Tuesday, December 02, 2008

The Heart of John Calvin

(by David Mathis)

Burk Parsons is a pastor at St. Andrews Chapel near Orlando with R. C. Sproul. When you talk with Burk, you know he’s a pastor.

But he's an editor as well. He edits Ligonier’s monthly Tabletalk magazine (highly recommended), and he recently finished editing John Calvin: A Heart for Devotion, Doctrine, and Doxology which contains chapters by Jerry Bridges, Sinclair Ferguson, Michael Horton, John MacArthur, and others (with a foreword by Iain Murray).

Burk agreed to answer some questions from Desiring God about this new Calvin title which officially released on Friday.

Desiring God: What prompted the idea for this volume on Calvin?

Burk Parsons: After I became a pastor, I began to receive all sorts of questions about Calvin and Calvinism—the same questions that I had been asking years before. So I began to pray and seek counsel from wise men to determine if I should write a book particularly for laypeople that would provide answers about Calvin and Calvinism.

I was doing a series of conferences in Colombia, South America, when I realized Calvin’s 500th birthday (July 10, 2009) was just around the corner. I realized that if I wanted to have the book ready for 2009 I would not have adequate time to write the book myself, so I began to assign chapters from my outline to men who might contribute to the book.

I wanted each chapter to represent the man who was writing. For instance, for the chapter titled “Calvin’s Heart for God,” which considers Calvin’s humble service to God and his motto—“I offer my heart to you, Lord, promptly and sincerely”—I wanted a man who represents such humble service and whose life manifests the simple majesty of Calvin’s motto. As such, I asked Sinclair Ferguson to write that chapter.

DG: How did you put together such an outstanding team to write on Calvin?

I threatened each of the potential contributors with the curses of Deuteronomy 28 if they didn’t write. No, not really.

Actually, I suppose that each of the contributors who wrote for the book did so on account of their desire to have a book on Calvin for laypeople.

A couple of other factors likely contributed to their decision to write. First of all, most of the chapters are very short—between 3000 and 5000 words, and I assigned each of the chapters to men who represented their respective subjects on the life, ministry, or theology of Calvin. That made it even more difficult for many of the contributors to decline.DG: The book assumes that the common opinion on Calvin is that he was stuffy and sullen.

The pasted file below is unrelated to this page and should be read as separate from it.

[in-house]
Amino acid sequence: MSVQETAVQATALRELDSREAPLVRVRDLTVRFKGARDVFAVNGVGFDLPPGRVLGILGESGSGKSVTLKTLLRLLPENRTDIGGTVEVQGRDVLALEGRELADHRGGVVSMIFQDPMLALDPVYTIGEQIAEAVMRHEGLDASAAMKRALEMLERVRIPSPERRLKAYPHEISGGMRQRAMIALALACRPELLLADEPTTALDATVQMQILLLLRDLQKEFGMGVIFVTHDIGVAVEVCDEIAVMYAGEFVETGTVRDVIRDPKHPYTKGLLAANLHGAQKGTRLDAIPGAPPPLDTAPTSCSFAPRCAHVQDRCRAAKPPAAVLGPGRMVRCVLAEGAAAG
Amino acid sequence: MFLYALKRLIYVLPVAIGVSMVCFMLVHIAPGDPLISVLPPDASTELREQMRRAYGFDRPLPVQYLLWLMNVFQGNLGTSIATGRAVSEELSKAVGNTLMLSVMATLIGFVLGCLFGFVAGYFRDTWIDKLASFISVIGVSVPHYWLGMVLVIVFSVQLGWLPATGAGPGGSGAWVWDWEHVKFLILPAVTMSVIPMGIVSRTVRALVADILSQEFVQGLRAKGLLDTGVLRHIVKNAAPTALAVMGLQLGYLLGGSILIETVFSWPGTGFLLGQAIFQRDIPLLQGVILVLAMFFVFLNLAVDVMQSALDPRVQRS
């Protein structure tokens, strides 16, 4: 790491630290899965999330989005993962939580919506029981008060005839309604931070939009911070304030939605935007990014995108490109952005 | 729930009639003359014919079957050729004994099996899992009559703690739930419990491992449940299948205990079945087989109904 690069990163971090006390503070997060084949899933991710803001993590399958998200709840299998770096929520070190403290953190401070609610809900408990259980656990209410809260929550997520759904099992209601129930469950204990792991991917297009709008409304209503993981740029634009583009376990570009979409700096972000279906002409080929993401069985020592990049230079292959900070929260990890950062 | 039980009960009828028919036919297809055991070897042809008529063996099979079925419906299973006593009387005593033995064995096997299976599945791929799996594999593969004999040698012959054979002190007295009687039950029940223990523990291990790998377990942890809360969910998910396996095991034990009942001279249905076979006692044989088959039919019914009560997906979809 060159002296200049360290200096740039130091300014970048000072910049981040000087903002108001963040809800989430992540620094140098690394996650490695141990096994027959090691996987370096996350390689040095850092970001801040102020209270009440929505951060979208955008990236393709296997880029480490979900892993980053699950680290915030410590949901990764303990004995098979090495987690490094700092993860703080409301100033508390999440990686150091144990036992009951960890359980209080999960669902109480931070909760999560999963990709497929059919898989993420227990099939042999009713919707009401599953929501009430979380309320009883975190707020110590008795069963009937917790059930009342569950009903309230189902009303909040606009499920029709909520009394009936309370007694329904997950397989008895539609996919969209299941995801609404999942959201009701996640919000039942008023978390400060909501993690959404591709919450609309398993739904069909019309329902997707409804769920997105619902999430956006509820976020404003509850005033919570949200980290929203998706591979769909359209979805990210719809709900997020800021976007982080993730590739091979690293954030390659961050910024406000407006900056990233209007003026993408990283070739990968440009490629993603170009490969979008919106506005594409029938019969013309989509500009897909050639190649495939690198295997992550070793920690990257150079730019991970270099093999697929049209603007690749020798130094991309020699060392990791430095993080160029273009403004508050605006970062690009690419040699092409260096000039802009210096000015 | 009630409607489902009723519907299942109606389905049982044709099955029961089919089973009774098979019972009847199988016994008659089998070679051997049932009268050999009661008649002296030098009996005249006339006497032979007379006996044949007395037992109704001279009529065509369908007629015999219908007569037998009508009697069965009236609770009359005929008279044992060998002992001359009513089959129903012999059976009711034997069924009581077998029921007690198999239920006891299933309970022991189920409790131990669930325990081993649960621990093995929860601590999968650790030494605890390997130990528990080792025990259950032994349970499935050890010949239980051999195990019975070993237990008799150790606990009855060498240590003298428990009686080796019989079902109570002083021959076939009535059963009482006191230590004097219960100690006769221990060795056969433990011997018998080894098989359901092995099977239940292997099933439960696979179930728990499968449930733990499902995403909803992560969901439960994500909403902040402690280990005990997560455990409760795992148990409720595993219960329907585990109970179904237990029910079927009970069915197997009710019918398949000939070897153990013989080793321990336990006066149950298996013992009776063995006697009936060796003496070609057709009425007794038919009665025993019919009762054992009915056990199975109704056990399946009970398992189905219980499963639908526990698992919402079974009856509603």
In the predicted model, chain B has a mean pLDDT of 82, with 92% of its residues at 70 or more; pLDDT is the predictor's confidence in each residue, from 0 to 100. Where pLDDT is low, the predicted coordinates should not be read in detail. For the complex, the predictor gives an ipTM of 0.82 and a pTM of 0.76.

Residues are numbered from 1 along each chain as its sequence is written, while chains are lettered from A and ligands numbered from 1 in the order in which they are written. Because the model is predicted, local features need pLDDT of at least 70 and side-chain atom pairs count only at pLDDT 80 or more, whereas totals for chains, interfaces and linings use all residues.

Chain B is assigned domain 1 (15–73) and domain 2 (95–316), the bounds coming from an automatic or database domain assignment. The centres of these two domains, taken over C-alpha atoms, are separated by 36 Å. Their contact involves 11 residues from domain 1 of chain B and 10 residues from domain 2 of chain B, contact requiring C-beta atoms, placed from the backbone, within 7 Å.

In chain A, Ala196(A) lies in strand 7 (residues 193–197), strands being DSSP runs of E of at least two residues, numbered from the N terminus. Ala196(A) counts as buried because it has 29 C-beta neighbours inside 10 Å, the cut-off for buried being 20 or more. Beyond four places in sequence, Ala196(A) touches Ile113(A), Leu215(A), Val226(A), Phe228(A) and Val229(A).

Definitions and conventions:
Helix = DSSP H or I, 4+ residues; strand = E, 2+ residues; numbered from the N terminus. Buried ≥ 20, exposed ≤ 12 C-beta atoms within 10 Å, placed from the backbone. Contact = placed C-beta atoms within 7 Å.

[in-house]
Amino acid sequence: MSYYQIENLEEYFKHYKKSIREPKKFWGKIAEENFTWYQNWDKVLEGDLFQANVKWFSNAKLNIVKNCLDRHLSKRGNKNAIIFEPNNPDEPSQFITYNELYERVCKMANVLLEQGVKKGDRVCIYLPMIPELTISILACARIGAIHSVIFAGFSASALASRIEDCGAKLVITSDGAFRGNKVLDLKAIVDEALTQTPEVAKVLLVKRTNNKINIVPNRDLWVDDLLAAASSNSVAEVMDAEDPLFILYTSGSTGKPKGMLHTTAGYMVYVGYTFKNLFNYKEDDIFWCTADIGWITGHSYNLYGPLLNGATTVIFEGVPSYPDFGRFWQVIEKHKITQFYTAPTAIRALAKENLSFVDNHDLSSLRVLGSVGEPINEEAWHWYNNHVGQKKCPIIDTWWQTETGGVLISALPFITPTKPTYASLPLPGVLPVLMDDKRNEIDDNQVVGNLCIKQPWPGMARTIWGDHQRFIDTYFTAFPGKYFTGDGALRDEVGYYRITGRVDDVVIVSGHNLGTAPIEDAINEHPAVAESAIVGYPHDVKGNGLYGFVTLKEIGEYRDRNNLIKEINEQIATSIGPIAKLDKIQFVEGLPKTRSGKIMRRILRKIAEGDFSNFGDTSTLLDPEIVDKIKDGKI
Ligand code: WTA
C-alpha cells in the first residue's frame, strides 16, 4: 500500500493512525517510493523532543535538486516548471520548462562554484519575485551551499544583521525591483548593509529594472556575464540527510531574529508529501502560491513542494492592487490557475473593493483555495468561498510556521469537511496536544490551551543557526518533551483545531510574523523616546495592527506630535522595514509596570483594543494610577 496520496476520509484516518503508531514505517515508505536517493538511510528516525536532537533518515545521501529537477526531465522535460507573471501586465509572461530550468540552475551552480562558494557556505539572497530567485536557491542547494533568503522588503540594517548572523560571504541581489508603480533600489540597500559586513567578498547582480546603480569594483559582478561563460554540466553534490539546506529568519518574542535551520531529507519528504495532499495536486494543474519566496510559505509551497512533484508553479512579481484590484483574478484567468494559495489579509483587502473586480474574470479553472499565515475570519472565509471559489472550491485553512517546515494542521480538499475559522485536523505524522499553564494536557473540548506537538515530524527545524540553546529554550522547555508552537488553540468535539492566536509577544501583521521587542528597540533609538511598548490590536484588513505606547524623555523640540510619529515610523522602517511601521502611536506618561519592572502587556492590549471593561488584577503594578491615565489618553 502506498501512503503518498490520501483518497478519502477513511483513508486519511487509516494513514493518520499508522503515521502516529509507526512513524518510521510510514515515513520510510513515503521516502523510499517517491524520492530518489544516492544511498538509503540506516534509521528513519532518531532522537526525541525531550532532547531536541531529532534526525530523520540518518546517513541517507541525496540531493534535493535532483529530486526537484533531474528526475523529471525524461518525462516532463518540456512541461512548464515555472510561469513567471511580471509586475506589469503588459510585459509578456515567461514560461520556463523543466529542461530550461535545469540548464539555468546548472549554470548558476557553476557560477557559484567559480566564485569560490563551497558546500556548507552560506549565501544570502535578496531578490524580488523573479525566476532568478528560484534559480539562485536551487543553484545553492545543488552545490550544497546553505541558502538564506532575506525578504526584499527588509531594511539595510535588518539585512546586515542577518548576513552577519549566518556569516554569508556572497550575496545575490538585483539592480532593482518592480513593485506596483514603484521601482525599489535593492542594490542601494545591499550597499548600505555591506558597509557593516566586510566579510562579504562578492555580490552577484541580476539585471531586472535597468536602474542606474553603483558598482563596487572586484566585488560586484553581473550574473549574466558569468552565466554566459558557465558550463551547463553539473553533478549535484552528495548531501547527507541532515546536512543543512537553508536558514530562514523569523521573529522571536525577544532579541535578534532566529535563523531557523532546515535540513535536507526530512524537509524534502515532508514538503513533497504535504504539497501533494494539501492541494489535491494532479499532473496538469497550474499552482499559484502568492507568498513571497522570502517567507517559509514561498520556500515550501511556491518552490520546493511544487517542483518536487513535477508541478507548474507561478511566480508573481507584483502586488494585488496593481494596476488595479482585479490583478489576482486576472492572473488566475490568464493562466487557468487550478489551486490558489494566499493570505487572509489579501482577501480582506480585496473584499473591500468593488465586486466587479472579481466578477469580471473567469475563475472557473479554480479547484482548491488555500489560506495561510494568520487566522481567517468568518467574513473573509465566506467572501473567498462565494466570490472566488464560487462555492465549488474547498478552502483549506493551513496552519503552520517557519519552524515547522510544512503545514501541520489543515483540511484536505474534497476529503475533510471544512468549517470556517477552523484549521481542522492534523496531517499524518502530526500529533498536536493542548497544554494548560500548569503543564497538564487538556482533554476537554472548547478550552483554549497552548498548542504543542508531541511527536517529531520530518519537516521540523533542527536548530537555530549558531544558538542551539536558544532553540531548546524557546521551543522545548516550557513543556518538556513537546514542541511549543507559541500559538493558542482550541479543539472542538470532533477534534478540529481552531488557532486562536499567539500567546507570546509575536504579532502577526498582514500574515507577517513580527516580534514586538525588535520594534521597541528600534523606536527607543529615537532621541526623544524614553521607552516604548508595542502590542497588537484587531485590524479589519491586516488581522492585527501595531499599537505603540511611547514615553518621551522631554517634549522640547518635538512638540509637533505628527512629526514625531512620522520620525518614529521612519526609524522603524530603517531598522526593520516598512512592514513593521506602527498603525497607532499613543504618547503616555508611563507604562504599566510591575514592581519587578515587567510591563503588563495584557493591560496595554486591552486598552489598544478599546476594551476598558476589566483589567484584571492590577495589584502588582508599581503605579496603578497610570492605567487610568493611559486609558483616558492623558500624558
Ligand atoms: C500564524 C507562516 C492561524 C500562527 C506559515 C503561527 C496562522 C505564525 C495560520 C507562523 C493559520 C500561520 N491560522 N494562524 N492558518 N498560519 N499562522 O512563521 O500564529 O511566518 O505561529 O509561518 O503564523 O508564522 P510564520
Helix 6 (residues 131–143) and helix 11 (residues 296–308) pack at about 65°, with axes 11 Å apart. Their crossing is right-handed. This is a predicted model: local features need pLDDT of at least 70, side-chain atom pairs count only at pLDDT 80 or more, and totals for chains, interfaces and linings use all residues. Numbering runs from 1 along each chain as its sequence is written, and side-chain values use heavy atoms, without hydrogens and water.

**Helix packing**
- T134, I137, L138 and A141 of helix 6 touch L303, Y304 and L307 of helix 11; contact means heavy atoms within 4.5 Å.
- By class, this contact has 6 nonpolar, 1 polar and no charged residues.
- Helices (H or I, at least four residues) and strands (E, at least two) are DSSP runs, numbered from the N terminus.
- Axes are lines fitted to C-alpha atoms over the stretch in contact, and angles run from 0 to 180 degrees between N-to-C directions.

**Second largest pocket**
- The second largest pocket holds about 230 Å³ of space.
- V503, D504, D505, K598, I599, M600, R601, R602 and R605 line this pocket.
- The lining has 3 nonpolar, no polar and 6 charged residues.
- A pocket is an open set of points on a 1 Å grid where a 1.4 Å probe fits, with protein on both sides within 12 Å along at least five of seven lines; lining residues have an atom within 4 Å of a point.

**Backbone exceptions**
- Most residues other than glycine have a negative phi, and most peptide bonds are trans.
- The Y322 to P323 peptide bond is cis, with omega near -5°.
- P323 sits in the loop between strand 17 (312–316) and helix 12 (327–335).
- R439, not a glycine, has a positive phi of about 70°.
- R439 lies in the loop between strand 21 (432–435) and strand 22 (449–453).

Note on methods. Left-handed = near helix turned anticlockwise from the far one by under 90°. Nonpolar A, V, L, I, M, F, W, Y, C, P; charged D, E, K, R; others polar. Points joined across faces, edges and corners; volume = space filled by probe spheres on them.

Who is the real Calvin that your book wants to portray?

In my preface to the book, I write the following (which gets at your question):
John Calvin was a churchman for all ages. He was a Reformer, a pastor, and a revolutionary. He was a selfless husband, a devoted father, and a noble friend. But above all Calvin was a man whose mind was humbled and whose heart was mastered by the Lord God Almighty.... He saw himself first and foremost as a disciple of Jesus Christ, and he desired earnestly to be taught daily “in the school of Jesus Christ” so that he might rightly know the Lord in order to “trust, invoke, praise, and love him."...

Although many Christians throughout the world are somewhat familiar with Calvin’s doctrines, most are unfamiliar with the man who was so passionately dedicated to prayer and the ministry of the Word. Given all that the Lord accomplished in him and through him, his legacy to Christians in the twenty-first century is one of devotional, doctrinal, and doxological surrender to the Lord.
DG: What one thing about Calvin do you find most likable?

Calvin was not comfortable with others speaking more highly of him than he deemed appropriate. He would actually go so far as to correct someone who spoke too highly of him and then proceed to explain to the one making the comment, whether friend or opponent, in private or public, why it was that he was unworthy of such high esteem.

He did this, presumably, on account of his desire to make absolutely certain that God received all glory. From all appearances, Calvin was genuinely concerned not to think of himself more highly than he should and to esteem others better than himself—O that the Lord would grant us such character.

My sincere prayer is that the Lord would use this book not first and foremost to help us love Calvin more but to love the Lord more with all our hearts so that we all might worship the Lord in the way he deserves.

By John Piper. © Desiring God Ministries.


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